In finalizing any of their menus, the team strives "to find a good compromise between French products and what Canadians like, what Toronto people like," explains Bauer, pointing to some unexpected products. For example, he adds, "we have a cinnamon roll, it's not that common in France." With its delicate croissant base, crunchy oat topping and thin glaze, this cinnamon roll isn't that common here, either. Envisioned to draw people in through familiarity, it may ruin us all to its doughier, frosting-spackled namesakes. Other French-by-way-of-North America lures include cookies supporting dreamy pools of melting chocolate, almond croissants, maple syrup financiers, and remarkably caramelized, butter-tart-adjacent kouign amann.
In addition to pastries, the bakery offers savoury tarts, with the plan to eventually expand the menu to include simple sandwiches, such as jambon beurre. Though tart flavours are seasonal, the tarte flambée, with cottage cheese, onion and bacon, seems a perennial offering everyone should seek out. Subtly smoky, creamy and crisp, it's a hero at any hour of the day.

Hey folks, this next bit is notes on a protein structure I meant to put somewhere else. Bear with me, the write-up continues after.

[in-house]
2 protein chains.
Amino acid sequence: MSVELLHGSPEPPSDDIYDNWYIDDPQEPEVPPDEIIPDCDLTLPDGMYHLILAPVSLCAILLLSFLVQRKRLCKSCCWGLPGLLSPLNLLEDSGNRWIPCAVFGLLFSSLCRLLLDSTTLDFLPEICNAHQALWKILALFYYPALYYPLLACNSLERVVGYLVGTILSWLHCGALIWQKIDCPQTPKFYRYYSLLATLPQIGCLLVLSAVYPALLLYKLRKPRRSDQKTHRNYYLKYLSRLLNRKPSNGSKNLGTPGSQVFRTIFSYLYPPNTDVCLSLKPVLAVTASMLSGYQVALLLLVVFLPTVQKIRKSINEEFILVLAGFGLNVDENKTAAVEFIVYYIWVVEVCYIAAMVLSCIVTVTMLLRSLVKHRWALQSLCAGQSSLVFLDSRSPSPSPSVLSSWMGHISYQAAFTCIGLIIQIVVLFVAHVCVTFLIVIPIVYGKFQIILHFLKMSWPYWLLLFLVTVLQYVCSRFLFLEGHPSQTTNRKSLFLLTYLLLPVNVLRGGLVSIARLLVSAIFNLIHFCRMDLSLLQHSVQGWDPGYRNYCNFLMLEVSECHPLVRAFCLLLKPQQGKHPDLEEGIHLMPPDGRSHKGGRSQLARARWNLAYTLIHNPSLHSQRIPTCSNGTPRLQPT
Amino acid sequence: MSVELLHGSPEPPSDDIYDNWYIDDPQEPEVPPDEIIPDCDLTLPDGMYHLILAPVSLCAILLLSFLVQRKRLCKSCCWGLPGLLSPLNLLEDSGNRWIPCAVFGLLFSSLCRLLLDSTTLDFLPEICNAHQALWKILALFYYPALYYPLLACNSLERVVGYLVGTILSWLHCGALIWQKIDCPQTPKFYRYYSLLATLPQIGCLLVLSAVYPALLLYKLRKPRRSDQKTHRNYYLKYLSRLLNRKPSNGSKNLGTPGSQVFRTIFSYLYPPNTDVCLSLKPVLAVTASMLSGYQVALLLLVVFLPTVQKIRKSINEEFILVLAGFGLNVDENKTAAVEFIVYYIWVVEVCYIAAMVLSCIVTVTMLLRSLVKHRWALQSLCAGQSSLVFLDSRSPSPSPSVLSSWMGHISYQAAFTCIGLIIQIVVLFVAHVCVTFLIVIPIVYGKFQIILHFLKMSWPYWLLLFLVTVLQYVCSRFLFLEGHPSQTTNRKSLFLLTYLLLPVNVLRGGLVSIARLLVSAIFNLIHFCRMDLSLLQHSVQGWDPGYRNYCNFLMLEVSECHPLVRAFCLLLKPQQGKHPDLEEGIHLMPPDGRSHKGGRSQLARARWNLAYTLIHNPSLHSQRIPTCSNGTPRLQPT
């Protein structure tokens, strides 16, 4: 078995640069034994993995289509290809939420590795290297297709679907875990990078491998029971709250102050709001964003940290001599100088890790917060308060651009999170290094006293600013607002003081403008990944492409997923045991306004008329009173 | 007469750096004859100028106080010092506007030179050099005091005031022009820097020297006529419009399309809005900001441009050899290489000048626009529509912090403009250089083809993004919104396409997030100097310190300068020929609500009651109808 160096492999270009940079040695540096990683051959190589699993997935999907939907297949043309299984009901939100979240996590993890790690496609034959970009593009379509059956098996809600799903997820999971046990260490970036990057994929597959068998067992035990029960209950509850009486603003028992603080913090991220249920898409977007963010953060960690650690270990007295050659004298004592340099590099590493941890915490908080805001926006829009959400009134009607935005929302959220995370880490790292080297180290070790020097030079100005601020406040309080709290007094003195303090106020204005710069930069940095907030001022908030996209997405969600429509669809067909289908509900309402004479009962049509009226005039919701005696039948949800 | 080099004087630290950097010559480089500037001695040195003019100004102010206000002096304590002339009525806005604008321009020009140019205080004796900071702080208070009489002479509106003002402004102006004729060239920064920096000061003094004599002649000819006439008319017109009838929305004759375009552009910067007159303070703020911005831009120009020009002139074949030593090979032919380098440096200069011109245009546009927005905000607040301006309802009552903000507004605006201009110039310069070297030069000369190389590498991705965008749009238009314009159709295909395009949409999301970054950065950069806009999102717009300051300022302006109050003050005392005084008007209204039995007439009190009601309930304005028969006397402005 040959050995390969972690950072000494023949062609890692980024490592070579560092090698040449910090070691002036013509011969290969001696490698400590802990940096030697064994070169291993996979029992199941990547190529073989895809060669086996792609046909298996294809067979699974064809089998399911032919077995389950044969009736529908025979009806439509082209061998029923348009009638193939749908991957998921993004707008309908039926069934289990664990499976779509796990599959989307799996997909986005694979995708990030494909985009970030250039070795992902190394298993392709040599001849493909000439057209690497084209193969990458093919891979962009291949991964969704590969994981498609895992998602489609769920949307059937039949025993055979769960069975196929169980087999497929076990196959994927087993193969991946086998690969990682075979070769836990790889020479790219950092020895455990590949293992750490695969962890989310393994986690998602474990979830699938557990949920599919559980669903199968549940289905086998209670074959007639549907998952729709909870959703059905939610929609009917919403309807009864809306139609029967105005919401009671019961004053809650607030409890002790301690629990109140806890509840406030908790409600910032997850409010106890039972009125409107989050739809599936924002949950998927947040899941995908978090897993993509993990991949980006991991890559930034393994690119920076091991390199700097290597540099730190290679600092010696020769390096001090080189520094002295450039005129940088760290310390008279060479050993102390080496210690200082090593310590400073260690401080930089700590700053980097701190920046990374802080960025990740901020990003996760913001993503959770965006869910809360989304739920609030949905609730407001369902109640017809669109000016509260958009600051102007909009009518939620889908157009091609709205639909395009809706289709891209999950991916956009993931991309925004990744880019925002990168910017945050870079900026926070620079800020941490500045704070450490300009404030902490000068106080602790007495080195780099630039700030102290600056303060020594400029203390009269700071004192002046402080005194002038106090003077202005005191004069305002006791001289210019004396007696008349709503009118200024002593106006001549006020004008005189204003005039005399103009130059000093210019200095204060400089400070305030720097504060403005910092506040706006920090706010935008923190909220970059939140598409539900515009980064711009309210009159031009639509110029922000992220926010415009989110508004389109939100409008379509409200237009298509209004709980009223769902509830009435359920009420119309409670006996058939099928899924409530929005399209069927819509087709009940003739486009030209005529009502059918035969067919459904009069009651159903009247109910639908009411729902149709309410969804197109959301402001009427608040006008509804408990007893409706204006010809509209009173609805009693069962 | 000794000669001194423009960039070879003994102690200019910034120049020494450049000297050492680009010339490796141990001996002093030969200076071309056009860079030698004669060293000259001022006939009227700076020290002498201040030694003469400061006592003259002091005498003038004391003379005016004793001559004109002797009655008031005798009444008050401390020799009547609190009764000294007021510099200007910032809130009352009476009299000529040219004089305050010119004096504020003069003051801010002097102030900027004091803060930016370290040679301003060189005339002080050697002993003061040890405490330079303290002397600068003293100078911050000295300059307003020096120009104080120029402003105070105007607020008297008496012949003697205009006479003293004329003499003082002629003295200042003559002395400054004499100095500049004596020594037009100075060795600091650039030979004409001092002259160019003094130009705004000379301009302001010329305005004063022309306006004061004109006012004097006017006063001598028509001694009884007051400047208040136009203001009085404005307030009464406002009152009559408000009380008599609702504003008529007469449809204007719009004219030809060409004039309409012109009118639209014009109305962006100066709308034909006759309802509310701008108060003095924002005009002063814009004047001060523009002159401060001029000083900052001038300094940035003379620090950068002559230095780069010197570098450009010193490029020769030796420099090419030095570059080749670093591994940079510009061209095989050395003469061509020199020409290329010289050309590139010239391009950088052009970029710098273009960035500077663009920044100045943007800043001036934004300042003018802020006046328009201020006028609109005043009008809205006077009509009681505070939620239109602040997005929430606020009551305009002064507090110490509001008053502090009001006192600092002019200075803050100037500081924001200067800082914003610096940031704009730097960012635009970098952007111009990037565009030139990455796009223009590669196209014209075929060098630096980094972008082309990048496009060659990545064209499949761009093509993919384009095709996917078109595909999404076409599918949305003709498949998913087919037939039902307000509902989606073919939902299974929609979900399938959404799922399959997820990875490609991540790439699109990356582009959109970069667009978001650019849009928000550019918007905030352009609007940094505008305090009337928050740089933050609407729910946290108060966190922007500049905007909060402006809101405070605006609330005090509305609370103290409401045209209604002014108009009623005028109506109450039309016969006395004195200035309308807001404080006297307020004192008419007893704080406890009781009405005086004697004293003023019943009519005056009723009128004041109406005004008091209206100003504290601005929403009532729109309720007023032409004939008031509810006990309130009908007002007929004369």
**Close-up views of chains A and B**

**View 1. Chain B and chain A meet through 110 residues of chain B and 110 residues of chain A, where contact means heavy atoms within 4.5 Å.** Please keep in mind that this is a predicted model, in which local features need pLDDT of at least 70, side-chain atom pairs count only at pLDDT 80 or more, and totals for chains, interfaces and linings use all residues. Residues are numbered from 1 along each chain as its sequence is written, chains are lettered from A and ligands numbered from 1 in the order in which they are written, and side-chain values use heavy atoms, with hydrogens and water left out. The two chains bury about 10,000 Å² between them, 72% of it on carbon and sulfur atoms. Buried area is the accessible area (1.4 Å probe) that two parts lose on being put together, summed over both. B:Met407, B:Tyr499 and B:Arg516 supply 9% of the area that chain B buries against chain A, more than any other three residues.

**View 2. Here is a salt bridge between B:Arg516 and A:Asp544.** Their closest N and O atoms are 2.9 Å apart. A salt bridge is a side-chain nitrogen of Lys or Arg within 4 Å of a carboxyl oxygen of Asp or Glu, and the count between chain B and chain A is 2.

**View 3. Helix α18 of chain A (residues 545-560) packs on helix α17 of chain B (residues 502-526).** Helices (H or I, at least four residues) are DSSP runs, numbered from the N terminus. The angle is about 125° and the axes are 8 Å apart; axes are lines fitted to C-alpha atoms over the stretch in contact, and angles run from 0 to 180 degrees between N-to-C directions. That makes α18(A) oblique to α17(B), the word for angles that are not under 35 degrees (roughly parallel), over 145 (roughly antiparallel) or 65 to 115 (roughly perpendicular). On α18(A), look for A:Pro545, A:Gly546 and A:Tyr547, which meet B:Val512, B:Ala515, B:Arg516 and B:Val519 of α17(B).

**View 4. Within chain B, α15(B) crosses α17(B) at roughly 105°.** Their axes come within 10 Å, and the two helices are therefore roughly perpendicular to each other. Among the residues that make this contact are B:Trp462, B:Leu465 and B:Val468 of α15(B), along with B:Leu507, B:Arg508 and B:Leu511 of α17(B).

Completing the list of bakery must-haves, cortados and cappuccinos, hojicha lattes, hot chocolate, and more can be ordered from the counter. For summer, Bauer plans to introduce iced and nitro coffee — with what he describes as a fluffy, creamy mouthfeel — to the lineup, as well. Other ideas include fleshing out the retail area with homemade jams, twee bags of take-home treats, and covetable merch. Currently, you can add gluten-free, vegan Bakery Pompette granola, made with oats, pecan, coconut, maple, and cinnamon, T-shirts, bread bags, and a small selection of high-end, hand-picked groceries to your take-out order.
With a third spot already generating line-ups and factoring heavily into people's daily dietary plans, what else do the Pompette partners have in the works? "We have some guests in the neighbourhood who say, 'Now you have a restaurant, a bakery, a bar. We need a nice fish store, a nice vegetable store,'" laughs Bauer. "They give us a list of what they'd like." Whatever the group decides, the neighbourhood seems poised to welcome it with open arms. The Pompette team, meanwhile, seems as likely to wow, as ever. "In France," explains Bauer, "we have a big culture of learning and sharing knowledge with people. When you start in a restaurant, you're always trained by people and you then have to train people. Because of that, I think we like challenges and we like to do stuff." Luckily for us, the team likes to challenge itself to make incredible stuff right here in our neck of the woods.